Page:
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Garden Tour: Good, Bad, and Ugly Edition

August 28, 2011

Gardens really are  a reflection of the gardener, I believe.  Ranging from fanciful to utilitarian, and everything in between.  My gardens are like me; a little ragged around the edges, but for the most part pretty solidly productive with room for improvement – I’m already studying seed catalogs for next year.

Here’s the tour, I’ll just go row by row, its photo heavy and light on commentary.


An embarrassed sunflower too ashamed to face the sun and all the headland weeds.


The squash and pumpkin rows got away from me this year.  It seemed each week I would be putting out weed fires in a different vegetable row thinking I would get over there and weed those rows.  By the time I got around to it, it was too late.  Tender cucurbit tendrils tightly wrapped around tall weeds.  I’ll be paying for this for years to come.  When you figure a mature red root pigweed has at least 35,000 seeds that are viable for 60 years, you quickly do the math and realize why sweat equity when it comes to weeding is the way to go with a garden.


Lamb’s quarters, literally.  I am using the sheep to weed my headlands in this garden, and they are doing a good job, they relish tasks like this.


Naked seed pumpkin.


Sweet Meat squash.


Storage Kohlrabi, and Jane’s parsnips.


Jane’s parsnips.  (Some are for us too.)


Parsnip seeds.


Jane’s carrots.


Dry beans.


Dry beans.


Hybrid Sweet Corn.  It has actually grown a foot since I took this photo and I think it may mature.


Potatoes.


This garden is in a little better shape being older and more established.  Read less weed seed bank.


Shelling peas.


Snap peas.


Carrots.


Beets.


Rutabagas, and Mangels.

Cauliflower.

Broccoli.


Savoy cabbage.


Garden guardian.


Celeriac.


Pole beans and volunteer cilantro.


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16 Comments leave one →
  1. August 28, 2011 11:58 am

    Oh! …. …. (!!) … … to be young again.

  2. August 28, 2011 12:58 pm

    You have a lovely garden! I hope I live long enough to ammend enough soil for, say, two of those amazing rows. And @Risa, I would settle for feeling young again; I was a bit stupid when I actually was young, and hoping less so now.

  3. August 28, 2011 1:56 pm

    Your crops are so beautiful and I so enjoy your blog! I have one question, though, as someone most of the way through my first summer of organic gardening: How do you keep all the insects from eating your crops to shreds? This year I lost pumpkins and squash to squash bugs, and my kale and chard and beets succumbed to something that ate the leaves into lace. As this is my first season gardening in this spot, I suspect it has something to do with soil fertility that’s not yet built up, despite my amendments. Do you do any treatments (neem, insecticidal soap, row covers) to keep the bugs away, or are you just lucky?

    Best,

    Erika

    http://www.bonafidefarm.com

    • August 28, 2011 9:30 pm

      Erika, there are a lot of factors, one is a healthy soil, but lots has to do with location, we don’t have squash bugs here in the PNW, but we have other common pests that make hash out of plants like flea beetles, cabbage moths, root maggots, and slugs. Healthy plants are more resistant, usually the bugs attack the stressed out plants and leave the healthy ones alone…sometimes. I don’t use anything religiously, but have used row cover, and bt once in a while. This year I have weaned myself off these products, and am living with the damage, which is pretty easy since the damage is miniscule. Birds, and beneficials help too, the cabbage patch is full of birds these days eating cabbage moth caterpillars!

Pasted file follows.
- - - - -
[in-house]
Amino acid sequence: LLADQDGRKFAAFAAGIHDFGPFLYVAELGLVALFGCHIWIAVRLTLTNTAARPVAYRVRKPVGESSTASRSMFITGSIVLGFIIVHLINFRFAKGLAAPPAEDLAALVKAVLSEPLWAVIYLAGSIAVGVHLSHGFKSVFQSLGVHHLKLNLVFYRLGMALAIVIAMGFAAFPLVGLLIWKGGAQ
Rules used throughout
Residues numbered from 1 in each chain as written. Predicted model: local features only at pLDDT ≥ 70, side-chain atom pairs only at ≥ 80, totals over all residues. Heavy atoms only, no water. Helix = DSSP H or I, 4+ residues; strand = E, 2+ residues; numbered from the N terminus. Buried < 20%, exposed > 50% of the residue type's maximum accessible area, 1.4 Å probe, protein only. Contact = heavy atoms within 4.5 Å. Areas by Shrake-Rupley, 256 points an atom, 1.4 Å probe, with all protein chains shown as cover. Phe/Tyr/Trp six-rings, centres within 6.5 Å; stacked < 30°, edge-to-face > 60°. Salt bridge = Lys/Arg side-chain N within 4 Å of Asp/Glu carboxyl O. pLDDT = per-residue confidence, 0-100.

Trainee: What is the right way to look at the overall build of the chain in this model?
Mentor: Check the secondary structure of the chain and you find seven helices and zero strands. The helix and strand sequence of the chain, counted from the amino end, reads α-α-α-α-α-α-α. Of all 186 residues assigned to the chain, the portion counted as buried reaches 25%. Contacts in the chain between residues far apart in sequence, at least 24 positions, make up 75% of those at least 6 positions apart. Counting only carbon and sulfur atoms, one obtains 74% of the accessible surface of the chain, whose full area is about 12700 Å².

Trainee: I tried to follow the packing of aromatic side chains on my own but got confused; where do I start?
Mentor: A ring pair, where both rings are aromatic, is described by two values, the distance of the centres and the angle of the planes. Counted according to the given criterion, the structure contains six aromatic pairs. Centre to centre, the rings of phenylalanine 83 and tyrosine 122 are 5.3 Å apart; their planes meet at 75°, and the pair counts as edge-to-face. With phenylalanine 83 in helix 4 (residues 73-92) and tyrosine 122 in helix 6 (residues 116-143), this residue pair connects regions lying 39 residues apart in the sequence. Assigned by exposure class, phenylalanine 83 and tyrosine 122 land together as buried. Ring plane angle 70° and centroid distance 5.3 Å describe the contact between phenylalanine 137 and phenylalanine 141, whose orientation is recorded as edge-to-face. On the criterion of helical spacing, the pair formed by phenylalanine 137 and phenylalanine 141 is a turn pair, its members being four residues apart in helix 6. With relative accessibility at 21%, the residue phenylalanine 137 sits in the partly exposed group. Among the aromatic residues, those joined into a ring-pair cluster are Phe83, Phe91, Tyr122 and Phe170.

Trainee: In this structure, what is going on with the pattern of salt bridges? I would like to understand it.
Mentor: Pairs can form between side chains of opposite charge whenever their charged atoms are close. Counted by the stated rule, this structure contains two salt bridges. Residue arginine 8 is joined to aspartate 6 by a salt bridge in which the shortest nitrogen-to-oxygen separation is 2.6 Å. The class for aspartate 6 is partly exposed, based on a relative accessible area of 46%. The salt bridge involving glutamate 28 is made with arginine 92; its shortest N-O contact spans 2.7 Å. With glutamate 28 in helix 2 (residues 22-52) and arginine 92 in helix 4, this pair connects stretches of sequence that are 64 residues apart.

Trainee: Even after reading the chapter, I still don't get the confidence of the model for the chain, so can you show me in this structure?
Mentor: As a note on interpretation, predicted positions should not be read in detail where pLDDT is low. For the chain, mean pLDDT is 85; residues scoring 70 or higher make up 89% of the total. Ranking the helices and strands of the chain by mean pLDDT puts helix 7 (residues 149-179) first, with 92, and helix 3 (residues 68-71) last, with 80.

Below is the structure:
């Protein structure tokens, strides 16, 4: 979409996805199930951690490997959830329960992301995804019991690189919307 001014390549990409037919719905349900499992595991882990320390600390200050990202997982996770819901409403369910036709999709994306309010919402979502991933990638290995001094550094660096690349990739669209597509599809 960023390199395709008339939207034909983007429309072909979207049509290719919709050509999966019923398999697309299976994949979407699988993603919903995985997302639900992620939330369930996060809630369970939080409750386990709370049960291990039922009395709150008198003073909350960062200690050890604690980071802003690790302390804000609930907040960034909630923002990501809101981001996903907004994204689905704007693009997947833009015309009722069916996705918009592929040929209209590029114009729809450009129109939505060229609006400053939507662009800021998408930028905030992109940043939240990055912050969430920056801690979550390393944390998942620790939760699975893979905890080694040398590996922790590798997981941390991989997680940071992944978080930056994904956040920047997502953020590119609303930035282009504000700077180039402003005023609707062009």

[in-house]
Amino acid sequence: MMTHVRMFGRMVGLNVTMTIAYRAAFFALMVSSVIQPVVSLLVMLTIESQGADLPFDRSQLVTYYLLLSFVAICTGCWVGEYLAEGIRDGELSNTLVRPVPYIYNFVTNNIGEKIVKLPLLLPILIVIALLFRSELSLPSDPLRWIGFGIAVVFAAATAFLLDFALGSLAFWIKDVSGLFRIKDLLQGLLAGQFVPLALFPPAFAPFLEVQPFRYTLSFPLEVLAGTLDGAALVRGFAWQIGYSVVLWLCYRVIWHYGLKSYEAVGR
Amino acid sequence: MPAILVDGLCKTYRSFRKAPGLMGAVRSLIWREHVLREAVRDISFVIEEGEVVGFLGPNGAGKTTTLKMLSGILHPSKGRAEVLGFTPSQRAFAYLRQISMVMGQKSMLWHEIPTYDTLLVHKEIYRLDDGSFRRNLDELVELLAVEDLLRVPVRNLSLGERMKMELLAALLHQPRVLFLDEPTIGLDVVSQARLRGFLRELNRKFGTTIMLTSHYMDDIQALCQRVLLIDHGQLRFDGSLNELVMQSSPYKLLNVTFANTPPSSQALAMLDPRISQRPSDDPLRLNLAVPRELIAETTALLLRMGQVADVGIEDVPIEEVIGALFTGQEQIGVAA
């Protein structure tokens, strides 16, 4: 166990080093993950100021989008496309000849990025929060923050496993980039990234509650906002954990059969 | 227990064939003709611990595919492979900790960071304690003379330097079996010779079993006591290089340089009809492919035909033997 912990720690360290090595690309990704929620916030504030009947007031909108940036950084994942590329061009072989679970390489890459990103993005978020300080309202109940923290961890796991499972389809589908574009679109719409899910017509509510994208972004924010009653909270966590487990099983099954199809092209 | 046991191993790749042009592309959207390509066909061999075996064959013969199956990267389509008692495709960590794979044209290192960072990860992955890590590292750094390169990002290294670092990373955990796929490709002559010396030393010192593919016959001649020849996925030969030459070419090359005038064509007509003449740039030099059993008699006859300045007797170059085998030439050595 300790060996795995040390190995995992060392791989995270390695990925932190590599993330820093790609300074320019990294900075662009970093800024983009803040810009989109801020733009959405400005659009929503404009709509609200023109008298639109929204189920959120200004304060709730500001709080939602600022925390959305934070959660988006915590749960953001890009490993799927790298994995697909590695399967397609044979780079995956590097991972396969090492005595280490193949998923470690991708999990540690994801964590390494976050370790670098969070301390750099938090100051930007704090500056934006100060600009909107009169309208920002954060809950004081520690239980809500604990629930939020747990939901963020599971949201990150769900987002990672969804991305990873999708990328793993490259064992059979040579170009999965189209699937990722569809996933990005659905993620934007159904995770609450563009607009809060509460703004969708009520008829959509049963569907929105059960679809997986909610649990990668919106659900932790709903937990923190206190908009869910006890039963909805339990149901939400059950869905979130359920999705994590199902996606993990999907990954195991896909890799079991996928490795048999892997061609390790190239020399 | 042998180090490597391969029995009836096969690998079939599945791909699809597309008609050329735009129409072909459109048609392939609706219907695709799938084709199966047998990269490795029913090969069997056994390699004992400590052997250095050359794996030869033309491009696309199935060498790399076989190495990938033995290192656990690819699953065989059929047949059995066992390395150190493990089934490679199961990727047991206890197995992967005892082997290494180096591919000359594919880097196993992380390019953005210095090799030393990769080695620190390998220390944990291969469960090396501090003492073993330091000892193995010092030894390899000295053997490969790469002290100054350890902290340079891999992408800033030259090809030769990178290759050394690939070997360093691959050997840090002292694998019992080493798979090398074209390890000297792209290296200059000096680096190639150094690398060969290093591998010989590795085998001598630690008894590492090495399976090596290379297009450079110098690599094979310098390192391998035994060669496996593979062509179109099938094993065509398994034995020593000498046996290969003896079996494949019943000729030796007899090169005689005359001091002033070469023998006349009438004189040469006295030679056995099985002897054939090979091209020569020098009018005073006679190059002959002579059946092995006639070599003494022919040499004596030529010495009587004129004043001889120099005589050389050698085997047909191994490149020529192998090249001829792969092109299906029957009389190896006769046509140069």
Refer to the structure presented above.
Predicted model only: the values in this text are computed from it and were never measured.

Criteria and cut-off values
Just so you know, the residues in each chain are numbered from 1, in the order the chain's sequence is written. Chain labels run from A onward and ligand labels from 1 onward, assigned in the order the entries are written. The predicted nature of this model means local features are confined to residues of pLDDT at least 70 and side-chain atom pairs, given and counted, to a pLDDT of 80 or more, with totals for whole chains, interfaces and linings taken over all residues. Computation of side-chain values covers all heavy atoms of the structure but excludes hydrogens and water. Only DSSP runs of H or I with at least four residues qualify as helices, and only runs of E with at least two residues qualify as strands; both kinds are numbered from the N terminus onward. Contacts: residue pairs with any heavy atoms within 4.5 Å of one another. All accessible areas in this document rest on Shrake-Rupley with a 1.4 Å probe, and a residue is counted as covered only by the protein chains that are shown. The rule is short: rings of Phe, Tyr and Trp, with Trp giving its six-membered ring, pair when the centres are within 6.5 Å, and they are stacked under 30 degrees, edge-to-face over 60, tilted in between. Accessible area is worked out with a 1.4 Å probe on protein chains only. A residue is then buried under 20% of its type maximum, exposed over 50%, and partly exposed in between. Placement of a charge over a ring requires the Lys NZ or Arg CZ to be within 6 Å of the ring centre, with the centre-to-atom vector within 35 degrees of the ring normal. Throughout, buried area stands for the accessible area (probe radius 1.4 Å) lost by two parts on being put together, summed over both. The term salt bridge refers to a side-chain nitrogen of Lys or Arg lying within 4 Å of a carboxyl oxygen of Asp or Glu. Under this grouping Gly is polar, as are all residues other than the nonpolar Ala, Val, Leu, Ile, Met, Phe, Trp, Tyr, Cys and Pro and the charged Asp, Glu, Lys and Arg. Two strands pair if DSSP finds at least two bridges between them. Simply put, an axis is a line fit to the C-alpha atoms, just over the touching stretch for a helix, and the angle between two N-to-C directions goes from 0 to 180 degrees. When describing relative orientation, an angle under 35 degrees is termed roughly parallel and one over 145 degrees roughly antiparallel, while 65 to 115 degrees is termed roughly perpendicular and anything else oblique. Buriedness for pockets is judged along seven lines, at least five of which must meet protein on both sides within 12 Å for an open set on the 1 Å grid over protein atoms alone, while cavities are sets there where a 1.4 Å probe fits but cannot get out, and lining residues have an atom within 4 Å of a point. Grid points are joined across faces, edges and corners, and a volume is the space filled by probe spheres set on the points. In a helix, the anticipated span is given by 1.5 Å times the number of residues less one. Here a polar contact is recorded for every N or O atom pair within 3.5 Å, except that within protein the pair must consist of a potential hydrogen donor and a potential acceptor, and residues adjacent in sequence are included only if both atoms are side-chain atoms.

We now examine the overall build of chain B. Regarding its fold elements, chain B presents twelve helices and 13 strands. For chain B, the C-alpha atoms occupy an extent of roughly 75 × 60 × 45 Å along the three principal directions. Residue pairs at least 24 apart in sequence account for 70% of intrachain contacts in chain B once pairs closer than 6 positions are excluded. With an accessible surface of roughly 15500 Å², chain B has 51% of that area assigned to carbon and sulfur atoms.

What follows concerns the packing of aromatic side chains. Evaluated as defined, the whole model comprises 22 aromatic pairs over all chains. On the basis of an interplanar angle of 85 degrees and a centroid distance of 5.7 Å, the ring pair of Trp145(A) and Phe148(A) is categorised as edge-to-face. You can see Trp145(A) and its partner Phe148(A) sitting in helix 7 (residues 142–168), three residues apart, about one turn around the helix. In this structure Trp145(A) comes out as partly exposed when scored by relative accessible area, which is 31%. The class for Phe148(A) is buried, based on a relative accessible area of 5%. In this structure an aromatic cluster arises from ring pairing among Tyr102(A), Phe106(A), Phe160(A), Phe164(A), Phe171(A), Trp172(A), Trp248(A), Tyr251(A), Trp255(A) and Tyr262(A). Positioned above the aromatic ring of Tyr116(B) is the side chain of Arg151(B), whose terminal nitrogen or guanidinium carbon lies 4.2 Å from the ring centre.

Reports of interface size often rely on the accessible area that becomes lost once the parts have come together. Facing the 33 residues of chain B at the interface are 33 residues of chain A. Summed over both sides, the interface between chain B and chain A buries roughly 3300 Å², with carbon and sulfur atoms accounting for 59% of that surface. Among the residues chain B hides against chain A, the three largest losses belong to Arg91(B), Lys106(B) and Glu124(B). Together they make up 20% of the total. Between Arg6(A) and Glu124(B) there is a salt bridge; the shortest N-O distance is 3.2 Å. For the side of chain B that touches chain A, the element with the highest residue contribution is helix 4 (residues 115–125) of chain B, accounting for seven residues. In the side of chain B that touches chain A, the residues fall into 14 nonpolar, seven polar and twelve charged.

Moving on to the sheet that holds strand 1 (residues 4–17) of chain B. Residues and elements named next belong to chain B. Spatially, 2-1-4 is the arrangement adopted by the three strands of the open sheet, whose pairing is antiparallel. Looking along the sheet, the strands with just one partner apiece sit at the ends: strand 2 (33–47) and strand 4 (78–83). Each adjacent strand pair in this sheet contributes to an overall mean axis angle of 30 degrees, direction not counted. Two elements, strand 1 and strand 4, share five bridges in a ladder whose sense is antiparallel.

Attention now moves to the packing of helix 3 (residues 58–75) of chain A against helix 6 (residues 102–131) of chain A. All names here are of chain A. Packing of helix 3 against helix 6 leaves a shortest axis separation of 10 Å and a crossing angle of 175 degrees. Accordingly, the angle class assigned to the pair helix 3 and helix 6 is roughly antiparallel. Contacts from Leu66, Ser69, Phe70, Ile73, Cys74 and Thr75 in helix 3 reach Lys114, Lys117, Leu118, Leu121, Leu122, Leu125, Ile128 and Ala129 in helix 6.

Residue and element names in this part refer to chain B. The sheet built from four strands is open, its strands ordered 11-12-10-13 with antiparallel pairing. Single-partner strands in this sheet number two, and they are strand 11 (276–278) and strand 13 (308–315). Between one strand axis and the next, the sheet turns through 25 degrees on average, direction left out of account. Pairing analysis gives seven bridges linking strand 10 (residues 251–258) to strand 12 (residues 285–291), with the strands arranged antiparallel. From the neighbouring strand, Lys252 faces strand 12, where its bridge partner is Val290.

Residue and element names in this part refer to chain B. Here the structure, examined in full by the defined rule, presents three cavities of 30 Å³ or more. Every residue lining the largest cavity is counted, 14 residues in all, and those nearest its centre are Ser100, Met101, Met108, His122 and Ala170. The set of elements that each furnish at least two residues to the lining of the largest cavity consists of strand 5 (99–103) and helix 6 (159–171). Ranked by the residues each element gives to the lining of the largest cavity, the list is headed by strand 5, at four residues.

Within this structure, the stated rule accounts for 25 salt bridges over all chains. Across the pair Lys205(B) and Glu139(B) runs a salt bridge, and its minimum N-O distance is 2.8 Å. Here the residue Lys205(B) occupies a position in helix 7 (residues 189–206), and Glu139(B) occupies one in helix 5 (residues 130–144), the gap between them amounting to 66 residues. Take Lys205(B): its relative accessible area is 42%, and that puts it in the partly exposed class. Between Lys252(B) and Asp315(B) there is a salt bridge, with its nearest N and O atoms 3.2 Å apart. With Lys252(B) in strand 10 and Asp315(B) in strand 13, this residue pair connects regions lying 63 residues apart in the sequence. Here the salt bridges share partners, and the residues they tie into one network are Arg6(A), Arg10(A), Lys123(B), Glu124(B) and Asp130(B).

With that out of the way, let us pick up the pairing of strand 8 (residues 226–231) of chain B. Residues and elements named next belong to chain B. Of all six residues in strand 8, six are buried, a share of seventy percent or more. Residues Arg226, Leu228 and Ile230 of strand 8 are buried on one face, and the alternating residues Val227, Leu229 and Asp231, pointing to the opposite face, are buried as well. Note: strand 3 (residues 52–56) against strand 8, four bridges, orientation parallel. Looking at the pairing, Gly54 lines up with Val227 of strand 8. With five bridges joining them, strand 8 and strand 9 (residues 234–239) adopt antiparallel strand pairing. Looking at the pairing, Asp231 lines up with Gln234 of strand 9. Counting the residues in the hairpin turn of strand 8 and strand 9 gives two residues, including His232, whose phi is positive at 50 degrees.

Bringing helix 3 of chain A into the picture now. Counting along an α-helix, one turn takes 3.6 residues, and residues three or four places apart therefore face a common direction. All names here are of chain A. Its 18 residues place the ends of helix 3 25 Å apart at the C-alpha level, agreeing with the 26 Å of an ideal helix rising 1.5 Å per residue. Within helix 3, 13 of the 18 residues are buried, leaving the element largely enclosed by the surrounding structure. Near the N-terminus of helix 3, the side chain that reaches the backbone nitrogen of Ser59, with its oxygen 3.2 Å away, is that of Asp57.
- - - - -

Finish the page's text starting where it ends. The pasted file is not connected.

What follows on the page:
4. August 28, 2011 2:46 pm

    Those weed seeds! It sounds scary hearing about their long term viability like that. But oh how I envy your parsnip seeds. Parnsips never go to seed here, it’s too hot for them. I love your garden and as you say, it’s a reflection of you – free-ranging, productive and cow friendly.

    • August 28, 2011 9:20 pm

      Rhondajean, the parsnips are biennials, so to get seed I have to dig, select uniform roots, store them and then replant the next spring for seed. Would that work or do you think it is too warm for parsnips to grow well? My goodness, weeds are the experts, and the vegetables are the interlopers and it is a battle for sure.

  5. August 28, 2011 5:34 pm

    Your garden is beautiful. Great pictures. Thank you for sharing! Hugs, Bobbi Jo

  6. Jenj permalink
    August 28, 2011 6:15 pm

    How beautifully productive. I’m so envious! I had really wanted to do a fall garden here, but with the drought and the heat (110 today) – it just doesn’t seem right.

  7. Christine permalink
    August 29, 2011 1:21 pm

    I was curious what seed catalog you use. You seem to have so much variety. Also, what pesticides and fertilizers if any. We were doing so great and had a fabulous garden and then it was ovetaken by so many things. It is very dscouraging. Not sure what all we will get from it at this point. Thank you

    • August 29, 2011 1:50 pm

      Christine, I buy seeds anywhere (almost) and I save seeds too. But Johnny’s, Fedco, Territorial, Seeds of Change, Southern Exposure Seed Exchange, Turtle Tree and Wild Garden are my favorites 🙂

      We don’t use any pesticides and have only used Bt sparingly. And we use composted farm animal manure for fertilizer.

  8. September 1, 2011 5:45 pm

    Great tour. What beautiful gardens you have both outside and in the greenhouse.

    How large is the greenhouse?

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